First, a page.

Joint 118th Annual Cordilleran/72nd Annual Rocky Mountain Section Meeting - 2022

Paper No. 39-4
Presentation Time: 8:30 AM-6:00 PM


DREGER, Ethan, Geology Department, California State University, Sacramento, 6000 J Street, Sacramento, CA 95819 and ARDILL, Katie, Geology Department, California State University, Sacramento, 6000 J St, Sacramento, CA 95819

A variety of magmatic structures are recognized in plutons (e.g., schlieren-bound structures, enclaves, fabrics and faults), providing a record of magmatic processes during cooling and crystallization. Several hypotheses for the formation of schlieren-bound magmatic structures have been proposed, including formation by local dynamic magma flow. Previous studies have identified schlieren-bound structures in voluminous super-plutons (>650km2) with long-lived, complex thermal histories. This study explores the effects of cooling rate on schlieren formation by mapping plutons of different areal extents. Field data and petrography were used to record observations of schlieren orientation, cross-cutting relationships, and mineralogy between the Wright’s Lake Granodiorite, Kwl (~750km2), and the Pyramid Peak Granite, Jpp (~45km2) in the Twin Lakes region of the Desolation Wilderness.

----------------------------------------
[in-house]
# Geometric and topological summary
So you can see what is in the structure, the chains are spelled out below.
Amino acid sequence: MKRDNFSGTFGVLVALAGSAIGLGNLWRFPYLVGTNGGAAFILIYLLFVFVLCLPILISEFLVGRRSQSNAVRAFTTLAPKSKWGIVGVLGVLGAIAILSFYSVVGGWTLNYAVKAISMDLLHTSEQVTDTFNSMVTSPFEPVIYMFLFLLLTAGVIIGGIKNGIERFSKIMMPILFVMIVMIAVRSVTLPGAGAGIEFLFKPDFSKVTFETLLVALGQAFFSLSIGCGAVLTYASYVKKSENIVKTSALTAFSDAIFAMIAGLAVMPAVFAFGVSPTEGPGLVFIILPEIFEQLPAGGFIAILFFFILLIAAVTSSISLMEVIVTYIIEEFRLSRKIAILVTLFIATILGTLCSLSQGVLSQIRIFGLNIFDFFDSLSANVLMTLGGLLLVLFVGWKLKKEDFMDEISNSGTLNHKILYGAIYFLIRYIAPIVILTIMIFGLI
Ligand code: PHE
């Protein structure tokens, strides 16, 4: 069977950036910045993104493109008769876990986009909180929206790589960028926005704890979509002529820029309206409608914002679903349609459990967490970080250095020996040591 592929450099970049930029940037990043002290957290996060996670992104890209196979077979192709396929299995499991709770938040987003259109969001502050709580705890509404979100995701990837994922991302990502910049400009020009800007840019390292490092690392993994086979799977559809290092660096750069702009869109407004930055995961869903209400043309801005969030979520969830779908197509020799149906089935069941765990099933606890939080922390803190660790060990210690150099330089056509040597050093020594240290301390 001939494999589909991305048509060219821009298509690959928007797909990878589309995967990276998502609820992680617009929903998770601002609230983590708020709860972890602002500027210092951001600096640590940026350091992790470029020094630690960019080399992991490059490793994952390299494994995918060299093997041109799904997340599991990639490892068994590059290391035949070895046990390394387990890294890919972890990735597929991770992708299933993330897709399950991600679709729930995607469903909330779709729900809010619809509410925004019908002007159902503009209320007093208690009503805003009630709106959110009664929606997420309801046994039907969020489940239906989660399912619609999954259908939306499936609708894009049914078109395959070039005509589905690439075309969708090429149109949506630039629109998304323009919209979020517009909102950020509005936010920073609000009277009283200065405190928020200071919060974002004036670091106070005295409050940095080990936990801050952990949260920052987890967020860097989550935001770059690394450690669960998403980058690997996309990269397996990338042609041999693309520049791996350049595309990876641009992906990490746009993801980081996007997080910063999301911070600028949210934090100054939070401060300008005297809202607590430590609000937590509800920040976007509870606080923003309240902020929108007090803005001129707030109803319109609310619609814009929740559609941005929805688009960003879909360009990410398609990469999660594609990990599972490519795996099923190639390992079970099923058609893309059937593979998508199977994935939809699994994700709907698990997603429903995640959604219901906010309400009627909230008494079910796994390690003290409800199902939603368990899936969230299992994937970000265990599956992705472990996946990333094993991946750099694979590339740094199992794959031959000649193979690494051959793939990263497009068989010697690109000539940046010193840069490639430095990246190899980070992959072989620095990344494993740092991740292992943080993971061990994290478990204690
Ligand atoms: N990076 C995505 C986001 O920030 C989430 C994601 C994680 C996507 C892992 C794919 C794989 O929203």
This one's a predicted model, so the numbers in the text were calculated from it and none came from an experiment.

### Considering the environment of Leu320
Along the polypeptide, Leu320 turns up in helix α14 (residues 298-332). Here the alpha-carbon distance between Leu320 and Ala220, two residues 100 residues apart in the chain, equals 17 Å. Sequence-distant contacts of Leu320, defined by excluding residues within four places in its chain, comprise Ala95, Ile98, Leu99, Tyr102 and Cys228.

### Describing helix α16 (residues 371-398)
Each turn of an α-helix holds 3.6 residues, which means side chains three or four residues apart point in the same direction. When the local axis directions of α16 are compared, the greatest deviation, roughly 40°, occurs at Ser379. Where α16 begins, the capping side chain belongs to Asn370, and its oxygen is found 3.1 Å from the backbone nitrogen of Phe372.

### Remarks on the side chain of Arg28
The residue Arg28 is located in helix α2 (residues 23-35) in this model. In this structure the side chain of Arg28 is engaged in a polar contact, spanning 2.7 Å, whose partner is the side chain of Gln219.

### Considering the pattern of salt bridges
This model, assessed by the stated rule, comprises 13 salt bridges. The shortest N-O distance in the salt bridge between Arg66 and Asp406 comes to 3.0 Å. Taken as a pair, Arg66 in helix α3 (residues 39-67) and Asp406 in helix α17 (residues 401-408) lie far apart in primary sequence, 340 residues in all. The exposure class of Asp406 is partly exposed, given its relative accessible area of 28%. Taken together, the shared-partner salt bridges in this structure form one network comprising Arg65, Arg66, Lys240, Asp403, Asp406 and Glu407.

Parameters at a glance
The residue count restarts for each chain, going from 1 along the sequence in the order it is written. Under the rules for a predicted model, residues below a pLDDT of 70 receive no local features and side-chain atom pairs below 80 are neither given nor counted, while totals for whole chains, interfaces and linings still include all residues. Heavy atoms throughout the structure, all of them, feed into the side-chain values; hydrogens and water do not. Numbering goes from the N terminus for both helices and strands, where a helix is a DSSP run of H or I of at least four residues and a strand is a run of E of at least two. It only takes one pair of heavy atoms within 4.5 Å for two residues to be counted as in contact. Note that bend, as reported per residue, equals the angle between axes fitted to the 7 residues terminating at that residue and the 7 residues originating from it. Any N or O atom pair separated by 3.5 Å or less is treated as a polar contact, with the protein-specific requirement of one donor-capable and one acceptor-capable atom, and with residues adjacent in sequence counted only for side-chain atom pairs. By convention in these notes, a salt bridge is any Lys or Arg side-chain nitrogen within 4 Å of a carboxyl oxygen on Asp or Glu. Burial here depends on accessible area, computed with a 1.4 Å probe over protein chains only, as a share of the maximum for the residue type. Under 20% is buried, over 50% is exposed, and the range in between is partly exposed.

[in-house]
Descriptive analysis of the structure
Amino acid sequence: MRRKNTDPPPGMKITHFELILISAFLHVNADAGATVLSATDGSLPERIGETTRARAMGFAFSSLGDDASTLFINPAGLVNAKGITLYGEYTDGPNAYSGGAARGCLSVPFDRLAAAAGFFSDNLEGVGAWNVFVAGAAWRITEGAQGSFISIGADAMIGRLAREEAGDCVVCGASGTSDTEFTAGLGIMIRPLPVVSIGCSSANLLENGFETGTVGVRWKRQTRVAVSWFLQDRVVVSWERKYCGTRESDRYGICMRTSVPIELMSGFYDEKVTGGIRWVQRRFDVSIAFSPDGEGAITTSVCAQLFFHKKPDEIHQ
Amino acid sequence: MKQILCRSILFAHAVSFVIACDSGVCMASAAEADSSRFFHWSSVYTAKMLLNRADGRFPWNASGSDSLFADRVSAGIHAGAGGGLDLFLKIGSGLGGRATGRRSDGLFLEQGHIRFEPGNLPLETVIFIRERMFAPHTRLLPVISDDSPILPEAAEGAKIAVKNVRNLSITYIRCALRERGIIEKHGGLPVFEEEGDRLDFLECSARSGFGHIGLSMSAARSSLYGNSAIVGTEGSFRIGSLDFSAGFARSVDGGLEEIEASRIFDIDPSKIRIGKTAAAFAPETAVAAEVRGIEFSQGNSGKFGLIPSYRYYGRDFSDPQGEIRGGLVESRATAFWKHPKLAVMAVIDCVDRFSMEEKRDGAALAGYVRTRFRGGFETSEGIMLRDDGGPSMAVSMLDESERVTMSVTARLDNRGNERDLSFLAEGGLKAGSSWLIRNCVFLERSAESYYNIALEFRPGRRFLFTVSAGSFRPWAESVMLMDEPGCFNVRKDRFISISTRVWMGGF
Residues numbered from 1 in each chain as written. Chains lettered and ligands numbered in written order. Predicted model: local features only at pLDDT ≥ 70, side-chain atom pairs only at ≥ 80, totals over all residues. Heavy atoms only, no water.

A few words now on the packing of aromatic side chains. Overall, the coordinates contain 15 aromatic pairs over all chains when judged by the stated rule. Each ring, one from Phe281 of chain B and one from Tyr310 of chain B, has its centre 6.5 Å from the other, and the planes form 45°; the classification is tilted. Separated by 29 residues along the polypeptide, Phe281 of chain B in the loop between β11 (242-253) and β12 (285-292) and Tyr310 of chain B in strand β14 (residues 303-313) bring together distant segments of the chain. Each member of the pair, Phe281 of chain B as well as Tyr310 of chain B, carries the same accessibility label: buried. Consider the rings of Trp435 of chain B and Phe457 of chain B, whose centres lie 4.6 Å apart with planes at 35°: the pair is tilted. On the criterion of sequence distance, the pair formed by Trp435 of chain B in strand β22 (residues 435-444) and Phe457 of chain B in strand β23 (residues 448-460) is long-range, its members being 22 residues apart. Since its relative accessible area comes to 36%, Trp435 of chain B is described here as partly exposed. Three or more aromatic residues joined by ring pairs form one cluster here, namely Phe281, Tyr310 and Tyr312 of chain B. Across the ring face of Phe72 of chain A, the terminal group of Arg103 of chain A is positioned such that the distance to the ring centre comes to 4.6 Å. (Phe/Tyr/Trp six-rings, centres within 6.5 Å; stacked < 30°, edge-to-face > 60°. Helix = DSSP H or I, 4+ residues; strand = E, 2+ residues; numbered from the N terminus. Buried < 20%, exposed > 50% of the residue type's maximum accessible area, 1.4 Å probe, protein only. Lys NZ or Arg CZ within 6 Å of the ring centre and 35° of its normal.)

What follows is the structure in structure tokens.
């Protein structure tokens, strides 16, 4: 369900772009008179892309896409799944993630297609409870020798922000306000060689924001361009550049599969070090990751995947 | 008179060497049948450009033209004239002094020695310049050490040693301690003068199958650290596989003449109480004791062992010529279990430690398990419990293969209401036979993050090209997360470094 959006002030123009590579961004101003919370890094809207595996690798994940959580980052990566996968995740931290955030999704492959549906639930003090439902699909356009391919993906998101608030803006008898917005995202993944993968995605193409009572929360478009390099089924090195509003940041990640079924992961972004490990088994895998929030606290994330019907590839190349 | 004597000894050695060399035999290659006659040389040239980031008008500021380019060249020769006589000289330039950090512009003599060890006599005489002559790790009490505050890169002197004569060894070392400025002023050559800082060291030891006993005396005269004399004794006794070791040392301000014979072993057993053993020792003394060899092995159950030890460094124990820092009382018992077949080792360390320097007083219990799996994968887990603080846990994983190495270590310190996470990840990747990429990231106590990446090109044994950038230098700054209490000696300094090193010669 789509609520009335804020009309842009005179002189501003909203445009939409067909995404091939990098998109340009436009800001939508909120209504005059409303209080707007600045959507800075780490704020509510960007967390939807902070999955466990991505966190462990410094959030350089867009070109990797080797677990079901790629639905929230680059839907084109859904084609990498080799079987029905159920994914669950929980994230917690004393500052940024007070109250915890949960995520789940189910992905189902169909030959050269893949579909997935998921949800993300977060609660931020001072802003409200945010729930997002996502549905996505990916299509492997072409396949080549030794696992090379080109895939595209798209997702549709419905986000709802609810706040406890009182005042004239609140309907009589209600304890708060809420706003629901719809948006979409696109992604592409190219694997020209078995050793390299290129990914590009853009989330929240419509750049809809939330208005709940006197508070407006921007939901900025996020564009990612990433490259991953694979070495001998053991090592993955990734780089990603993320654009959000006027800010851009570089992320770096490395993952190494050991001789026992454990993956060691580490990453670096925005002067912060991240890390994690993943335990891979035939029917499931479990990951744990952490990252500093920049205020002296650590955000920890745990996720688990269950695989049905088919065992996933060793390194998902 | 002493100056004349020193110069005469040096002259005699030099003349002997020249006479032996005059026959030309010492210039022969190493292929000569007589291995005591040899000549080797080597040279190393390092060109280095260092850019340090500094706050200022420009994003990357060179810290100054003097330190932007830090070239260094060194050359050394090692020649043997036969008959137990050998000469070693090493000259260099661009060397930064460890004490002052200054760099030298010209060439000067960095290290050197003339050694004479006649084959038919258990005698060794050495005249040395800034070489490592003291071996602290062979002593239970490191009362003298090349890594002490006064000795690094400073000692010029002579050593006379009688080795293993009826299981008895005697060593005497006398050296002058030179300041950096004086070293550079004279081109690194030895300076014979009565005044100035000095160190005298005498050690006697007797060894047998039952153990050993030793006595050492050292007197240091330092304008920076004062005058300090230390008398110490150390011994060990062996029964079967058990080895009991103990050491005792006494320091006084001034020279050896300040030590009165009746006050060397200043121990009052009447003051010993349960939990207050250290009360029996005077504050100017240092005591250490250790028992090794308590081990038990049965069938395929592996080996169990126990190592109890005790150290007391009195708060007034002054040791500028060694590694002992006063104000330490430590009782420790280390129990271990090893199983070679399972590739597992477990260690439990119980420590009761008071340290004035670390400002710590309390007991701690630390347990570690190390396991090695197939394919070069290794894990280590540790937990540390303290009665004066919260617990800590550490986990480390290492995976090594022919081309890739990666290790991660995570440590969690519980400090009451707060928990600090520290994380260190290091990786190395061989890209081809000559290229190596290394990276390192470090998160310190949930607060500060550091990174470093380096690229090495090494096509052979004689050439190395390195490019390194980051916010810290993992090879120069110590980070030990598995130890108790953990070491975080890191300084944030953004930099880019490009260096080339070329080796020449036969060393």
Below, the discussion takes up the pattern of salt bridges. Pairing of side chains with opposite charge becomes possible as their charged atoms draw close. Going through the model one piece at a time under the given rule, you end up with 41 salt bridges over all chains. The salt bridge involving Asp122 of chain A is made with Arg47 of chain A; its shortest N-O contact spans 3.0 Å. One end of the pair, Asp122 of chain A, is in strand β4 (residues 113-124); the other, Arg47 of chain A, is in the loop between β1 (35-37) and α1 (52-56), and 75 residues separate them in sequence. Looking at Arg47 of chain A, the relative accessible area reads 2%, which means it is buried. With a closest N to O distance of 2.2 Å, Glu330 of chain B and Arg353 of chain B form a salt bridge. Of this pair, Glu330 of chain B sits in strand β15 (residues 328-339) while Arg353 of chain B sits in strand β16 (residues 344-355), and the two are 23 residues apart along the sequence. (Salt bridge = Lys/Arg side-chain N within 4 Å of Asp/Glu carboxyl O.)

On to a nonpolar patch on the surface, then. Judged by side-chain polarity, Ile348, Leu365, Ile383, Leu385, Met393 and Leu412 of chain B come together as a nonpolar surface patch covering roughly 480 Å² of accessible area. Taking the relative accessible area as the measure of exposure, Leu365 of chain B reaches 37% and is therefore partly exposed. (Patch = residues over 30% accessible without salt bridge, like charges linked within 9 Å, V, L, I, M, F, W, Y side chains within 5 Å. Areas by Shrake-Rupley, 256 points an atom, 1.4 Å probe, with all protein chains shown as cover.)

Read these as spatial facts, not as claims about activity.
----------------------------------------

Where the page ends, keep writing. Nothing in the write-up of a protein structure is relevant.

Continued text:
Across a 3km transect, the smaller Jpp contained a greater abundance of schlieren (n=36 schlieren) compared to the Kwl (n=9 schlieren), indicating that the size (cooling rate) is not the only factor determining schlieren abundance. Additionally, schlieren are clustered locally across the transect at ~40-100 m scales in the Jpp. Stereonets of schlieren orientation show a NW-SE trend throughout the Jpp (strike/dip: 305/43) and the Kwl (strike/dip: 338/57), parallel to the contact and regional tectonic structures. Petrographic analysis revealed distinct compositions of the Jpp host and schlieren, with 5% biotite and opaque minerals in the host, compared to 60% in the schlieren sample. Hornblende in the Jpp host and schlieren is non-existent while a high content of hornblende (~30%) exists in the Kwl host and schlieren. Together with field observations, this illustrates the significance of host composition in determining schlieren composition. Mafic enclaves contain the same mineralogy whether they reside in the Jpp or the Kwl, supporting the idea that they are formed by a distinct magma. Pluton compositions and local magmatic conditions at the 10’s m-scale may significantly influence schlieren formation and abundance: more work is needed to investigate relationships to final pluton sizes. This study represents one approach towards understanding why schlieren are found in plutons worldwide but vary in type and density.